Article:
Against the behaviorists of his day, Vygotsky maintained that higher human capacities—like our responses to art and our deliberate, self-conscious reasoning and action—represent qualitative developmental leaps. All other materialist accounts to that point had explained thinking, feeling and intention in terms of basic physiological or associative processes. Vygotsky was the first to offer an objective, materialist account that did not reduce higher human functions to physiological or associative mechanisms. His approach relied on two key concepts: holism and history. Vygotsky claimed that developmental leaps—like the ability to think using true concepts—happen when primitive abilities combine to form a new functional system. Abstract thought, for instance, emerges when thinking and speech combine. A child first speaks to communicate and thinks to solve concrete problems. Then the child combines the two functions and uses the generalizing power of more complex language as a tool for thought. Children learn to organize their thinking by grouping objects and ideas in linguistic categories. Thus, Vygotsky claimed, the higher capacity (of abstract thought) develops through the synthesis of more primitive functions (rudimentary thought and speech) into a complex whole. Volume 4 illustrates how Vygotsky's holistic, "interfunctional" approach can explain many other higher psychological capacities besides abstract thought. Volume 3 shows that Vygotsky intended this approach not only to answer questions about cognitive development but also as a method for turning psychology into a true science.

Vygotsky argued that the interfunctional systems that explain distinctively human capacities represent complex adaptations made by the species. He emphasized that these adaptations depend on cultural and historical advances, as well as on biological ones. Humans have been evolutionarily successful partly because they can develop and pass down cultural knowledge and tools. This means that the higher mental processes depend on systems that combine biological and cultural-historical aspects. This has important consequences for our view of humanity. According to Vygotsky, historical epoch and a person's social position integrally influence that person's higher psychological functions. Vygotsky found this idea socially progressive because it meant that lesser-functioning human beings could be helped if their cultural tools were improved.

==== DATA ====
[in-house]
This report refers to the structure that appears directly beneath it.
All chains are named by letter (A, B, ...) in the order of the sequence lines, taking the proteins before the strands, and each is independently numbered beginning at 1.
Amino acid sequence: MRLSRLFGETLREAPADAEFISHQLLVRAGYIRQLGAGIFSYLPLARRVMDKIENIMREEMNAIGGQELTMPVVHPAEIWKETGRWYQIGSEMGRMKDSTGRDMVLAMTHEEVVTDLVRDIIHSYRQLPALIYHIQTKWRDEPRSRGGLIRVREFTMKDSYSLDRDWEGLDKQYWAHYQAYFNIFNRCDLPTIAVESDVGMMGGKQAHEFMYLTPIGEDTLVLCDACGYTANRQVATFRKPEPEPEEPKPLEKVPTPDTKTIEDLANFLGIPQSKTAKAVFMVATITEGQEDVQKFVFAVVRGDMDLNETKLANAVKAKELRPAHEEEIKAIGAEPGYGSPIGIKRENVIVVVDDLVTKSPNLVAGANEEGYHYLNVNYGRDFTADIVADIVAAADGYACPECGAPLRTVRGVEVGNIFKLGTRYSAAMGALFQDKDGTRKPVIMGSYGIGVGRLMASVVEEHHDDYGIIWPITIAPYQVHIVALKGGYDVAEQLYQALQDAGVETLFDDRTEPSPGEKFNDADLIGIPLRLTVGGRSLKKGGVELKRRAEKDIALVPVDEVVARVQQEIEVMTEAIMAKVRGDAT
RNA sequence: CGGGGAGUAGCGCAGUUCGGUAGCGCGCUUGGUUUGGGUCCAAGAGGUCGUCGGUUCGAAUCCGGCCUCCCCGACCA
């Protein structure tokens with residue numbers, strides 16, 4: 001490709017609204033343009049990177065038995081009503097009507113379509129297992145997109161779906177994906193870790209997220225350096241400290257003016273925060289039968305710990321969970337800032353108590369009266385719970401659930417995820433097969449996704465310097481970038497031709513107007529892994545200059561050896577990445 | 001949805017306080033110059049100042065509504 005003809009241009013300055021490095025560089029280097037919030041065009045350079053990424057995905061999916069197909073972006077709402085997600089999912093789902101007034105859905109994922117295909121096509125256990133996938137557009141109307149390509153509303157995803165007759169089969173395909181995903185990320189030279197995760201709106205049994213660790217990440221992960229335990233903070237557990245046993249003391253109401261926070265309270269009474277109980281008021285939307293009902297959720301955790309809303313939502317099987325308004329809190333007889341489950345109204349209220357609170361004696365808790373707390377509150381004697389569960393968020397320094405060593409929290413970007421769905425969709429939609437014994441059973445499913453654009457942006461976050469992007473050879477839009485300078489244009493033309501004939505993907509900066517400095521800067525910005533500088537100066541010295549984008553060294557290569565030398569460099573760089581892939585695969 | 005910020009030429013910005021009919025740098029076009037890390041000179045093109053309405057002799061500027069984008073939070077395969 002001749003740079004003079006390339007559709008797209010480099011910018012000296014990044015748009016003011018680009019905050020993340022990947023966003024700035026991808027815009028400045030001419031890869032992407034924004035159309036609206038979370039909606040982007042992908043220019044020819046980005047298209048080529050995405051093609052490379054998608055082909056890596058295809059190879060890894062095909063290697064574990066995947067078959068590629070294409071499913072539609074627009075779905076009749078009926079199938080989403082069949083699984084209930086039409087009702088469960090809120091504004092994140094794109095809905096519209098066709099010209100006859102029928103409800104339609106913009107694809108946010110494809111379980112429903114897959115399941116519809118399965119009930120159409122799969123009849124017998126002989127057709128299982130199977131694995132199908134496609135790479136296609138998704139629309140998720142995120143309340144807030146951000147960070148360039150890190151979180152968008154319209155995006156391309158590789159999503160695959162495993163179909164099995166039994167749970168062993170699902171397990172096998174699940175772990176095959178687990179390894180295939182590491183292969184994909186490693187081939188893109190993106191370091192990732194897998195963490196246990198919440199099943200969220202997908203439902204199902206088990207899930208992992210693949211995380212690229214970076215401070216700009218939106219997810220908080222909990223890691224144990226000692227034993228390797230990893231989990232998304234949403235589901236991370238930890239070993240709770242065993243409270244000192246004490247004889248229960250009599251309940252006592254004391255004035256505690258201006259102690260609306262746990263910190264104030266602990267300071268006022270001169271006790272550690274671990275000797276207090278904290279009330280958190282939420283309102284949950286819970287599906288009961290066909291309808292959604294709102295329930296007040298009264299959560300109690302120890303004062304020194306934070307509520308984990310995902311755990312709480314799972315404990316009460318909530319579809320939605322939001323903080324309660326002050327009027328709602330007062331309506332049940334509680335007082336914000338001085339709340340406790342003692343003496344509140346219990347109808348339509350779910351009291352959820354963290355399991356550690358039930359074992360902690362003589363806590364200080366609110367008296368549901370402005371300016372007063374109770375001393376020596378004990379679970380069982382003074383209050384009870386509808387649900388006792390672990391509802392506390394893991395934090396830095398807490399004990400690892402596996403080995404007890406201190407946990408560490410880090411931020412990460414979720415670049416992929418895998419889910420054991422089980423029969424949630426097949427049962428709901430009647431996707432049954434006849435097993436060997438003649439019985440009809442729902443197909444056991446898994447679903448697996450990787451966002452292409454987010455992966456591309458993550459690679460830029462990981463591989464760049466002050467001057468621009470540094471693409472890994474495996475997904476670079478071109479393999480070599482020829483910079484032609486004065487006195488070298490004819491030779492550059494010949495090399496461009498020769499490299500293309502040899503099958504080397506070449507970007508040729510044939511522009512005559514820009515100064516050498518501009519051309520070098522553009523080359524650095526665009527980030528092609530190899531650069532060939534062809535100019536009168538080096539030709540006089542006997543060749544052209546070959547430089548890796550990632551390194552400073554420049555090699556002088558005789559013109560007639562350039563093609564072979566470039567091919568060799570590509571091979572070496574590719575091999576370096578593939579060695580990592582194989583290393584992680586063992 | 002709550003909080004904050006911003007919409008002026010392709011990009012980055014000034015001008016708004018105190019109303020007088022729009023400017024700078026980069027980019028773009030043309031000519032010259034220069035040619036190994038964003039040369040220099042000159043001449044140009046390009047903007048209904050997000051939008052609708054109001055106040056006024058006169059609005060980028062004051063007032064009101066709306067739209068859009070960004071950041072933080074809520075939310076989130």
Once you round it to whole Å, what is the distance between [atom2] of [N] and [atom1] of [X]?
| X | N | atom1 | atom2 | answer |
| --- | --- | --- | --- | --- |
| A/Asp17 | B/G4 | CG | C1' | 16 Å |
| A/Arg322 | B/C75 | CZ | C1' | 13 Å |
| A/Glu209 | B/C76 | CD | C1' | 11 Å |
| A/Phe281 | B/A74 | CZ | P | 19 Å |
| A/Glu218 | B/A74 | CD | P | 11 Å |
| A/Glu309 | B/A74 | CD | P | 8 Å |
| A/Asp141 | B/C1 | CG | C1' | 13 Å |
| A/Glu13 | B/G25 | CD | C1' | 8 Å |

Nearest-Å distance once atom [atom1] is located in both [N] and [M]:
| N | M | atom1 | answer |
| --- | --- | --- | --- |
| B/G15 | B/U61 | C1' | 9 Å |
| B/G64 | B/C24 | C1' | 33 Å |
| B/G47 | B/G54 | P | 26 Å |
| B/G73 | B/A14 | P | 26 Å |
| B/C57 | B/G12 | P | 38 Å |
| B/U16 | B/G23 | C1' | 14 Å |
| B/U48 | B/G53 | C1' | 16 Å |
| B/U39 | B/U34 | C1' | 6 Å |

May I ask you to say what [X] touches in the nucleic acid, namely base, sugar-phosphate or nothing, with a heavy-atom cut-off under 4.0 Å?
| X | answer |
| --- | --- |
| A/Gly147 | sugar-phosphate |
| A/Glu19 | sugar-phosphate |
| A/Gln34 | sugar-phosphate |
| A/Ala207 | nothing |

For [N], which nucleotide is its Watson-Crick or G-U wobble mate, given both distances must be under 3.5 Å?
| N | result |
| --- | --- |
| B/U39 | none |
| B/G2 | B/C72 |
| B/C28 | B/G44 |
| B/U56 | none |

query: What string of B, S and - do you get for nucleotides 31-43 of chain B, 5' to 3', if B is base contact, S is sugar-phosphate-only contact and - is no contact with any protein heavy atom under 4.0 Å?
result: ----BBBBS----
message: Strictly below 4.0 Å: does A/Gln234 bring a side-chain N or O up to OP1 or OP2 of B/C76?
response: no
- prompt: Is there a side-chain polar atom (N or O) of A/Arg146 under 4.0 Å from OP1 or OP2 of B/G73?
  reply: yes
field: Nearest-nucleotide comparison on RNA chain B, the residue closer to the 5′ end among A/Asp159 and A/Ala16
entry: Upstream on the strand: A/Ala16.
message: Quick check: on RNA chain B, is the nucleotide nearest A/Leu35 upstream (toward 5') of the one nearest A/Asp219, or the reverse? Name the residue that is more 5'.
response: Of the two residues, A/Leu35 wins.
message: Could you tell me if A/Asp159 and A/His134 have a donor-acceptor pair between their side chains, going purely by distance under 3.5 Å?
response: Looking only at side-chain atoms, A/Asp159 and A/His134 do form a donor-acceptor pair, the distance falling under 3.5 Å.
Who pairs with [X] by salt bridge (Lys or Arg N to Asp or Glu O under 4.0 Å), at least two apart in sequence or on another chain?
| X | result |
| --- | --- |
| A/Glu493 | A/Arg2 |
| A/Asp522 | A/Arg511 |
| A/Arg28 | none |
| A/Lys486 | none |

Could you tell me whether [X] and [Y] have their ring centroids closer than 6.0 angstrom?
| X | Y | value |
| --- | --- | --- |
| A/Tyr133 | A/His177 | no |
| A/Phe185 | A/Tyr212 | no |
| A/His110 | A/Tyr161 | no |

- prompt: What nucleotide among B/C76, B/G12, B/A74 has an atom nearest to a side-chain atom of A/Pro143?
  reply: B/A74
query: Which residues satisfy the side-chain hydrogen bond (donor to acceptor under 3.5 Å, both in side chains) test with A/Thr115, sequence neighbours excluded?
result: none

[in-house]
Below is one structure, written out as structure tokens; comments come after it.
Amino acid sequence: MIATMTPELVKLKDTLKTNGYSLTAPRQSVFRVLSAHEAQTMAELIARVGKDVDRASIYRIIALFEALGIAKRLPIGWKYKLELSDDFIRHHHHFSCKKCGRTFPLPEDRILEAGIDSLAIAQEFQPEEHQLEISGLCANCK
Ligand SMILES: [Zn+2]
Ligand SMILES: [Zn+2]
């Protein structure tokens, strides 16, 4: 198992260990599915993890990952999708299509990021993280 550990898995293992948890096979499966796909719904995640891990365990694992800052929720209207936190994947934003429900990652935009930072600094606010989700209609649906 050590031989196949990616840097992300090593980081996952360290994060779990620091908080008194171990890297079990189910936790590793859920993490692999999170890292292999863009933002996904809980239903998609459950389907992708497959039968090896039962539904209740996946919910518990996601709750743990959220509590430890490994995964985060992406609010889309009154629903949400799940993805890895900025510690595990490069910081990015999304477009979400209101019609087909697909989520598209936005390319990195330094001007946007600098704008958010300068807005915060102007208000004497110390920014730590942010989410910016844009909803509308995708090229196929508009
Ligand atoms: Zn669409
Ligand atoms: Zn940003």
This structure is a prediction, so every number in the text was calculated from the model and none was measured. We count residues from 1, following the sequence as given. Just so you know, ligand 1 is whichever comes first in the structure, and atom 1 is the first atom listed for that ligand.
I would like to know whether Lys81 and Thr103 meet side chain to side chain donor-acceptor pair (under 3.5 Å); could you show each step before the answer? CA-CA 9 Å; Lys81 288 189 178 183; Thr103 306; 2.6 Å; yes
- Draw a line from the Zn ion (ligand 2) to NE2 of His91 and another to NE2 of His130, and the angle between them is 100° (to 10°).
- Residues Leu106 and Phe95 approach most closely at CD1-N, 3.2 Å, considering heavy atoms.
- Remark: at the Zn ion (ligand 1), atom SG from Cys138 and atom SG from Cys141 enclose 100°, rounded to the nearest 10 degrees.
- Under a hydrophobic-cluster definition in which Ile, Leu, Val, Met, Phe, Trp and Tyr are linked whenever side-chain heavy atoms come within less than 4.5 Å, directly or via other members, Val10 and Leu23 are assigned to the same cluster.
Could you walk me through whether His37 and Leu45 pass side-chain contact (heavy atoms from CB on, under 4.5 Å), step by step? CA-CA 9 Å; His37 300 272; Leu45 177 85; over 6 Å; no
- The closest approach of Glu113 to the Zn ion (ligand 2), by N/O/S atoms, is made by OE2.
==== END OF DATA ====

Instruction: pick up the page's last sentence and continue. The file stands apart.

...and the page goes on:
Psychologists, he argued, should explore these natural and cultural components instead of ignoring or reducing them. Although Vygotsky himself did not provide adequate empirical support for this argument (his early death cut short his psychological career after only a decade), his work remains important. The Collected Works in English are particularly valuable because a broad and honest reading of Vygotsky challenges common assumptions about psychology. By building on Vygotsky's more promising insights, psychology might have a better chance of overcoming the divisions it still faces.—Stanton Wortham, Education, Bates College